Database Architecture   «Prev  Next»

Lesson 11Looking at redo log information
ObjectiveFind information about the redo logs in your database.

Looking at Oracle redo log information

Where do I find information about the redo logs in an Oracle database?
In Oracle Database Management Systems, redo logs are critical components for maintaining data integrity and enabling database recovery. Obtaining accurate and timely information about redo logs is essential for effective database management. Oracle provides a rich set of data dictionary views, dynamic performance views, and utility commands to gather this information.

Data Dictionary Views


This view contains information about redo log groups in the database.


This view provides information about redo log files, including their location, status, and size.

Dynamic Performance Views


This view provides real-time information about the redo log groups. You can glean details about the log sequence numbers, their current status (ACTIVE, INACTIVE, CURRENT), and whether they have been archived.


This view furnishes information about the redo log files and their statuses. It provides the full path of each redo log file, allowing you to ascertain their physical locations.


This view provides historical information about redo logs, including log sequence numbers and the time they were archived.

Command-Line Utilities

  1. SQL*Plus: The SQL*Plus utility provides an interface to run SQL queries to obtain redo log information directly. 2.
  2. Oracle Enterprise Manager (OEM): The graphical interface of OEM provides a more user-friendly approach to view redo log statuses and configurations.
  3. Oracle Alert Log: The database's alert log captures significant events, including redo log switches and archival processes. The alert log is typically located in the `alert` subdirectory of the Oracle Diagnostic Destination directory (`diag`), which is specified by the `DIAGNOSTIC_DEST` parameter.

Best Practices

  1. Scheduled Monitoring: Set up automated monitoring routines to query these views at regular intervals. Trigger alerts based on critical thresholds, such as when the redo log space is close to being exhausted.
  2. Documentation: Keep detailed records of the redo log configurations, including log groups, member files, and their corresponding sizes and locations.
  3. Security: Ensure that only authorized personnel have the required privileges to query system views related to redo logs.
By leveraging these data dictionary views, dynamic performance views, and command-line utilities, you can acquire comprehensive insights into the state, configuration, and performance of redo logs within your Oracle database environment. This information is instrumental for operational monitoring, performance tuning, troubleshooting, and disaster recovery planning.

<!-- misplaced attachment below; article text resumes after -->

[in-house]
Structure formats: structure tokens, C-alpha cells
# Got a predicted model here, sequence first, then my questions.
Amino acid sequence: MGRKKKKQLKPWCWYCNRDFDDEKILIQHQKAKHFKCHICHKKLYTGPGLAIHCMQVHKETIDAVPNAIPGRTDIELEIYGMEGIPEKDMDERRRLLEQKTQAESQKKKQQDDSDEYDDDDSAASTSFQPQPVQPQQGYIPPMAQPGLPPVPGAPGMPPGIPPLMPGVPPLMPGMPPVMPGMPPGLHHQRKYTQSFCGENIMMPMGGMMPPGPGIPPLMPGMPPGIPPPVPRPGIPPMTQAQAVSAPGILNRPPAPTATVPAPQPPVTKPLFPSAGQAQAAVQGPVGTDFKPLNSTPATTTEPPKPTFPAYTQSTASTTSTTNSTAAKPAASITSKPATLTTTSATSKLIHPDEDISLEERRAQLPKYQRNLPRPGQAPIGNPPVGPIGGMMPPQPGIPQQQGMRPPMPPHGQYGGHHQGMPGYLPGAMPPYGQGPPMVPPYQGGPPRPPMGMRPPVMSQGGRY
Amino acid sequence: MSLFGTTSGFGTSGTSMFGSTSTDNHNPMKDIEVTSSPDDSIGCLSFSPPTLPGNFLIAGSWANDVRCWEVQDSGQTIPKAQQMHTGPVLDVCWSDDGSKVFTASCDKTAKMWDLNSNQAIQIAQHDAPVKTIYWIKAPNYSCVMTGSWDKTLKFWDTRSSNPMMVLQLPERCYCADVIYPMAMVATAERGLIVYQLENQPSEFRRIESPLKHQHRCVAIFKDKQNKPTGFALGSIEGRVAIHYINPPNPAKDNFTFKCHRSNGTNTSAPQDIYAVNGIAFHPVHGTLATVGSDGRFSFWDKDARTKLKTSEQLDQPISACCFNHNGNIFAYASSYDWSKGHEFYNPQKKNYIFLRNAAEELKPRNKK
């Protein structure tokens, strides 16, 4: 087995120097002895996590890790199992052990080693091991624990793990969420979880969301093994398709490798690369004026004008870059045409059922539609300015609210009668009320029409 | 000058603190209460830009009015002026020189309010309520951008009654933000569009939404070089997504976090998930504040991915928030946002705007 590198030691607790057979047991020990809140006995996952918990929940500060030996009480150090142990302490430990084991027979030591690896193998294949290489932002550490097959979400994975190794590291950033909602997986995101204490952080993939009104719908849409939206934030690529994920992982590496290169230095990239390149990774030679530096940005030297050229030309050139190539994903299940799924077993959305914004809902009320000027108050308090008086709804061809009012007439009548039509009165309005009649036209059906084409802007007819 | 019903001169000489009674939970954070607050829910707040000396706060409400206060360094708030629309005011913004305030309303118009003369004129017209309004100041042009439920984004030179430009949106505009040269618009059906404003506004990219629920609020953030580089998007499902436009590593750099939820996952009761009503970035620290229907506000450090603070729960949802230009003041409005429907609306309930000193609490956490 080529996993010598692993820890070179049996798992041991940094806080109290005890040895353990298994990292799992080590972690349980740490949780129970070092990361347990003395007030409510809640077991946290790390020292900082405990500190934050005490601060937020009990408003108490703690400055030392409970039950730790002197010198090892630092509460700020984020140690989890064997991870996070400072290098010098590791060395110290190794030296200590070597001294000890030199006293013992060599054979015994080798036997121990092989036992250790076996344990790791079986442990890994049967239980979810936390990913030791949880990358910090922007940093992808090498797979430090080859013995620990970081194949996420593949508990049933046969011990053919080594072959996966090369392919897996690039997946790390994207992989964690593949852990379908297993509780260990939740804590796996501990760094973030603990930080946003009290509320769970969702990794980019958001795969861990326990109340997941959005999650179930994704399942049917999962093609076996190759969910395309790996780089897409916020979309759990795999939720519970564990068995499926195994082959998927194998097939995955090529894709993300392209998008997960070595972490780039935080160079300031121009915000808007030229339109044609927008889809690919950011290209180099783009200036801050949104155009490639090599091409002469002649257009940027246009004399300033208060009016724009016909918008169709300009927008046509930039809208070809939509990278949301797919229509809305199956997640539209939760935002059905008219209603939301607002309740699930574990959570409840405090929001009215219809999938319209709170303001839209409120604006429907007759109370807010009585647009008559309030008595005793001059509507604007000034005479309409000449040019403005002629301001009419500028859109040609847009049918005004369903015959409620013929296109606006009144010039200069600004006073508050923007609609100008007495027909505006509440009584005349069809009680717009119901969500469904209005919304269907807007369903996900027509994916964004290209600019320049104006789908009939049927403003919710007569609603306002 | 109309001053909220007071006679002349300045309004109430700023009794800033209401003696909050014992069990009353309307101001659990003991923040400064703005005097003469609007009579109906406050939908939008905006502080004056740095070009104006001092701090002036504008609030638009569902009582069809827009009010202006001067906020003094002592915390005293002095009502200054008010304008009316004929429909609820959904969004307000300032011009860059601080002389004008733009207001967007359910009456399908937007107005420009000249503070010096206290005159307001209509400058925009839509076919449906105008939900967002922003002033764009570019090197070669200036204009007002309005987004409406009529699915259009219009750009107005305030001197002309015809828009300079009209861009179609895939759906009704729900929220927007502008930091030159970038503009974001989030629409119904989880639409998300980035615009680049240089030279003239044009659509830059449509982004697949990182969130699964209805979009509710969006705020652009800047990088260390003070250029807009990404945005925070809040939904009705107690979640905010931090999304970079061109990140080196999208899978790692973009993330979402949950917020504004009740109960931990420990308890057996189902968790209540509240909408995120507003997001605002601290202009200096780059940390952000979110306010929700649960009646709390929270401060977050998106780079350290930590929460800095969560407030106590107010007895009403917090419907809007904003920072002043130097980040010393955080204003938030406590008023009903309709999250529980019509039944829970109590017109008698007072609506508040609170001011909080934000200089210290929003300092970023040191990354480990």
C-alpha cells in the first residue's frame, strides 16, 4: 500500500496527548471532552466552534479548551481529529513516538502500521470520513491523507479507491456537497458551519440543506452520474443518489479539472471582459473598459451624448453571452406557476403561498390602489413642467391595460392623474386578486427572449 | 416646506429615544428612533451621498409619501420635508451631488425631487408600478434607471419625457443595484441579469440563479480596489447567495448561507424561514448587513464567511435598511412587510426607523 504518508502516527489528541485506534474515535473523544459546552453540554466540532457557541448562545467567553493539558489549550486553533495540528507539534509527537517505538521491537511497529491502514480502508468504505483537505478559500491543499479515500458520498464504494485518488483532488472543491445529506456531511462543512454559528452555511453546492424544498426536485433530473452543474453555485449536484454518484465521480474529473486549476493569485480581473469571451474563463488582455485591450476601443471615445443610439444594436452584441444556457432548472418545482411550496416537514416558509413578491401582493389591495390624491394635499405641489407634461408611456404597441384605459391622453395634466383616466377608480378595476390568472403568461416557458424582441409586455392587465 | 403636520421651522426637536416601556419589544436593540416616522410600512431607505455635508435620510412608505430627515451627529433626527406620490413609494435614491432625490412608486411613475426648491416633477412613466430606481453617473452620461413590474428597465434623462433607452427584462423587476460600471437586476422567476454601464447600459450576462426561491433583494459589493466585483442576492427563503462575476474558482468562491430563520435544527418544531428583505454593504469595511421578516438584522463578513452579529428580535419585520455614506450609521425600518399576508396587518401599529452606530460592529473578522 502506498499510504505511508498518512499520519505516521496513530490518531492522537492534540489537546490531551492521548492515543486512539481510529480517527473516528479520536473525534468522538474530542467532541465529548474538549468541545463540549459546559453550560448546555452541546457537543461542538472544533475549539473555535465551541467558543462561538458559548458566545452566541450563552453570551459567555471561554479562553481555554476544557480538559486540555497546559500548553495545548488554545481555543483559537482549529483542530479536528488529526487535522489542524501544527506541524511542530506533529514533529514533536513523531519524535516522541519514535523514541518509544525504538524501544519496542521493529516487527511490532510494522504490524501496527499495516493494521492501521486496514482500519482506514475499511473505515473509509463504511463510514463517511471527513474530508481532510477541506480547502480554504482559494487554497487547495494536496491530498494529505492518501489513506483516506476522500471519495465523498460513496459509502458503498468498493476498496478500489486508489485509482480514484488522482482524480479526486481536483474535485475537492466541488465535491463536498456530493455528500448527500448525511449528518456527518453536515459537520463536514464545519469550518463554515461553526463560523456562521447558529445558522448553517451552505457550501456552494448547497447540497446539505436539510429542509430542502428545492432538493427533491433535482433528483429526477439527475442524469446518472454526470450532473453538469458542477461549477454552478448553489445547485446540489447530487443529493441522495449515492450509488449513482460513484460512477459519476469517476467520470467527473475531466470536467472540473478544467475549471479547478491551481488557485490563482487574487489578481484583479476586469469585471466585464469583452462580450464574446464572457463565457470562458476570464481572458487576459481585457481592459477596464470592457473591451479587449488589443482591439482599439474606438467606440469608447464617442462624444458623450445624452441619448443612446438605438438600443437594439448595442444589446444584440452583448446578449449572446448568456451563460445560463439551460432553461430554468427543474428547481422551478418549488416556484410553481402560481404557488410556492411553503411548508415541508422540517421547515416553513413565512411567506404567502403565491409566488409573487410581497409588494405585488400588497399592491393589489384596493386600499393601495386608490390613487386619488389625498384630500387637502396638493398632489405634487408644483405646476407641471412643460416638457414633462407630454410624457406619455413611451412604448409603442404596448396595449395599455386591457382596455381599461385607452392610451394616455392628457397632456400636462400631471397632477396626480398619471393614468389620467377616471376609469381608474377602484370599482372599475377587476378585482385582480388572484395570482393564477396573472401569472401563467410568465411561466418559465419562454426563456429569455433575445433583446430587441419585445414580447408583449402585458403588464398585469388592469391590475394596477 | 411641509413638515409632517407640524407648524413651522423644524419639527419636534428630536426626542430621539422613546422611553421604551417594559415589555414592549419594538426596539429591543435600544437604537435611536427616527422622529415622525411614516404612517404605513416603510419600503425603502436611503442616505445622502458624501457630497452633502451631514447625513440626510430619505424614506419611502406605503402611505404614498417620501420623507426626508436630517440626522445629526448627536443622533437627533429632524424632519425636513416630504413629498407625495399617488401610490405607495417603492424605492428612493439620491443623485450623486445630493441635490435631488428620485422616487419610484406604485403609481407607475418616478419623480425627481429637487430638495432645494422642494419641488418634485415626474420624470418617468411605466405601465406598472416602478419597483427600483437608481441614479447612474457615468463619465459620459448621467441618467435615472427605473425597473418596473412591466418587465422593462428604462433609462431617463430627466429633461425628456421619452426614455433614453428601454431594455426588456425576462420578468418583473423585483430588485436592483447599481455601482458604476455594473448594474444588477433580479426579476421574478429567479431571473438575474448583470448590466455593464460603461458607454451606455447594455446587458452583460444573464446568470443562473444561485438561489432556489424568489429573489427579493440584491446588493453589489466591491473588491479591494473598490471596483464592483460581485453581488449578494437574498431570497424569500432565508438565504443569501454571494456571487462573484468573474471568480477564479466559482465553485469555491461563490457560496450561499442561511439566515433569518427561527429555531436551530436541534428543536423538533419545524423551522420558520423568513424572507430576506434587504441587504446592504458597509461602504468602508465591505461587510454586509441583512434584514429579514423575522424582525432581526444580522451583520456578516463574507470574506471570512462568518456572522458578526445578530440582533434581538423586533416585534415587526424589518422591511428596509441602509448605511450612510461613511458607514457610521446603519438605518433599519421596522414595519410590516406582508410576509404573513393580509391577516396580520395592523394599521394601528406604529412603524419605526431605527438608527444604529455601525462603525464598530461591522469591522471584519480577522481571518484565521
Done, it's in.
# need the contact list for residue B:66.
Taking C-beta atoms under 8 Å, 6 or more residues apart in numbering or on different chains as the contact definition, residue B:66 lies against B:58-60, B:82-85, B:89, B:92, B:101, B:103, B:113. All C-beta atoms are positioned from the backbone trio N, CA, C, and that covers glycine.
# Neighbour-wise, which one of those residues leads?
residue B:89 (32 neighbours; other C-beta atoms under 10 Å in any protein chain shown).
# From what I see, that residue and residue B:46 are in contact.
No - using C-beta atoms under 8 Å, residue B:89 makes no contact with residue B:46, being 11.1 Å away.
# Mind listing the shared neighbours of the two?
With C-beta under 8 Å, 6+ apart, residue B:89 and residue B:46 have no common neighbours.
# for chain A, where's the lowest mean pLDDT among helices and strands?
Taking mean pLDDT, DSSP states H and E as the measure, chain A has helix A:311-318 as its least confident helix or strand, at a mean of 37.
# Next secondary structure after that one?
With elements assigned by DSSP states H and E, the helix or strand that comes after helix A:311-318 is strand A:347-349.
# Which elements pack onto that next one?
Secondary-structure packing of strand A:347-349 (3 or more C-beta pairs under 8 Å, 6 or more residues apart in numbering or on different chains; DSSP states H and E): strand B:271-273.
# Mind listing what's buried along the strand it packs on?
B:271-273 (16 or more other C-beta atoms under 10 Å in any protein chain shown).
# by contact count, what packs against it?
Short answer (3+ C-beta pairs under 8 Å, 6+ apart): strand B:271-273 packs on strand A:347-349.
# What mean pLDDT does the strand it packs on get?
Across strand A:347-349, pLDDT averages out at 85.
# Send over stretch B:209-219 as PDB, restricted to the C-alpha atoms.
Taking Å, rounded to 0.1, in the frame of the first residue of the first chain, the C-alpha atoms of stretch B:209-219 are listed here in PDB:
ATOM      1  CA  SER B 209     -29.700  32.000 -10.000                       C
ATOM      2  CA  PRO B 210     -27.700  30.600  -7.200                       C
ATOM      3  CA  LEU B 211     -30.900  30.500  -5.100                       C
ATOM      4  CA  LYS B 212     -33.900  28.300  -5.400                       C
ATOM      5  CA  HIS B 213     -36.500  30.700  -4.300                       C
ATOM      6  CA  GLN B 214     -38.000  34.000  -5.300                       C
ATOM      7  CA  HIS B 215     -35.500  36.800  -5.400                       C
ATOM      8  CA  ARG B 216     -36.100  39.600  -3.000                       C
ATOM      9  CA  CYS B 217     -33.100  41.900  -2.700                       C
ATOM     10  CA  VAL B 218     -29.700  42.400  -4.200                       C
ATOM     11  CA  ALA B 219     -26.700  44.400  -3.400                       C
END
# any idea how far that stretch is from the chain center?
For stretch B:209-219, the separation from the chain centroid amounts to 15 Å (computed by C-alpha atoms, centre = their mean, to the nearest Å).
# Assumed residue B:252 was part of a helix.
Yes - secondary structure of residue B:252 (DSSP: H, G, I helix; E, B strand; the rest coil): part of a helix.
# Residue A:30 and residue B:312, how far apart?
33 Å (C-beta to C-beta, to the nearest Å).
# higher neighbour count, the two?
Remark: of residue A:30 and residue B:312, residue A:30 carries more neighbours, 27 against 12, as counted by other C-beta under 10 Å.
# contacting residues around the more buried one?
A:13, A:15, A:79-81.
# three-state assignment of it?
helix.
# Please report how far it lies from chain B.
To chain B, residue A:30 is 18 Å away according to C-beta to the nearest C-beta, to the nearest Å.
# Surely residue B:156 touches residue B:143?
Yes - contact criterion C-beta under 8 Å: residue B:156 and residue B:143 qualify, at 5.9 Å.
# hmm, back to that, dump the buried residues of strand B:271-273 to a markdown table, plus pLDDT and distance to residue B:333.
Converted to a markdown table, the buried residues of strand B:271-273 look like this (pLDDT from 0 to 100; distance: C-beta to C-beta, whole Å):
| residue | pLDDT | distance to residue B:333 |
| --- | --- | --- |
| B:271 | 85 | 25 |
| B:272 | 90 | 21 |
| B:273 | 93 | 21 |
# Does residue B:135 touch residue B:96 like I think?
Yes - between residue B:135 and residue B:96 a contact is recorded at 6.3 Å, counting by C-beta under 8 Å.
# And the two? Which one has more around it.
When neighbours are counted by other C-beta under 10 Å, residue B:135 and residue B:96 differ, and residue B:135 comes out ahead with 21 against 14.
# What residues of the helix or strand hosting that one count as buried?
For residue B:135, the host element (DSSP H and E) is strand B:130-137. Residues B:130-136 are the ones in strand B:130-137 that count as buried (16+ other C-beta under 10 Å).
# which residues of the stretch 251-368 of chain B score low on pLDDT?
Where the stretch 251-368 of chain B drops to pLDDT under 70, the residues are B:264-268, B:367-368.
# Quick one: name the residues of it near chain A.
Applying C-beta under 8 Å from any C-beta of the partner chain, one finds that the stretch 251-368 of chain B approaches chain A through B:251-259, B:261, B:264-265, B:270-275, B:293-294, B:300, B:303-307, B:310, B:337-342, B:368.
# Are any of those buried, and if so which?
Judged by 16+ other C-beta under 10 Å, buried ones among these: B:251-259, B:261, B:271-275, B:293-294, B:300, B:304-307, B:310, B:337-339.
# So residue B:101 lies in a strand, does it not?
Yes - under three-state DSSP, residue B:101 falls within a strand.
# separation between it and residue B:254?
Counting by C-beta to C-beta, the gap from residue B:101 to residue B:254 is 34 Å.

Listing redo log groups

Two system views, V$LOG and V$LOGFILE, give you information about the redo log files for your database. The following example shows how you can query the V$LOG view to list the redo log groups in your database:

SQL>SELECT group#, members, bytes, status

     2> FROM v$log;


---------- ---------- ---------- ----------------

         1          2     204800 CURRENT

         2          2     204800 INACTIVE

         3          2     204800 INACTIVE

3 rows selected.

In this example, there are three redo log groups. The redo log file sizes are 200K, or 204,800 bytes, and there are two members in each group. The status of group #1 is CURRENT, which means that Oracle is currently writing to the log files in that group.

Finding the file names of the redo log files

You can use the V$LOGFILE view to find out the actual filenames of the log files. The following example shows how:

Oracle Database Administration
SQL> SELECT group#, member
2> FROM v$logfile
3> ORDER BY group#;

---------- --------------------------------------

6 rows selected.

There are six groups, with two members each, for a total of six redo log files. Notice that members of each group are on separate disks in order to provide redundancy, and protect the data in the event that one disk fails. Later in this course, when you start to create your own database, you will learn how to create these files, and specify which disks to use. Next, you will learn about archive log files.

Redo Log Info - Quiz

Click the Quiz link below to see how well you have learned the material so far.
Redo Log Info - Quiz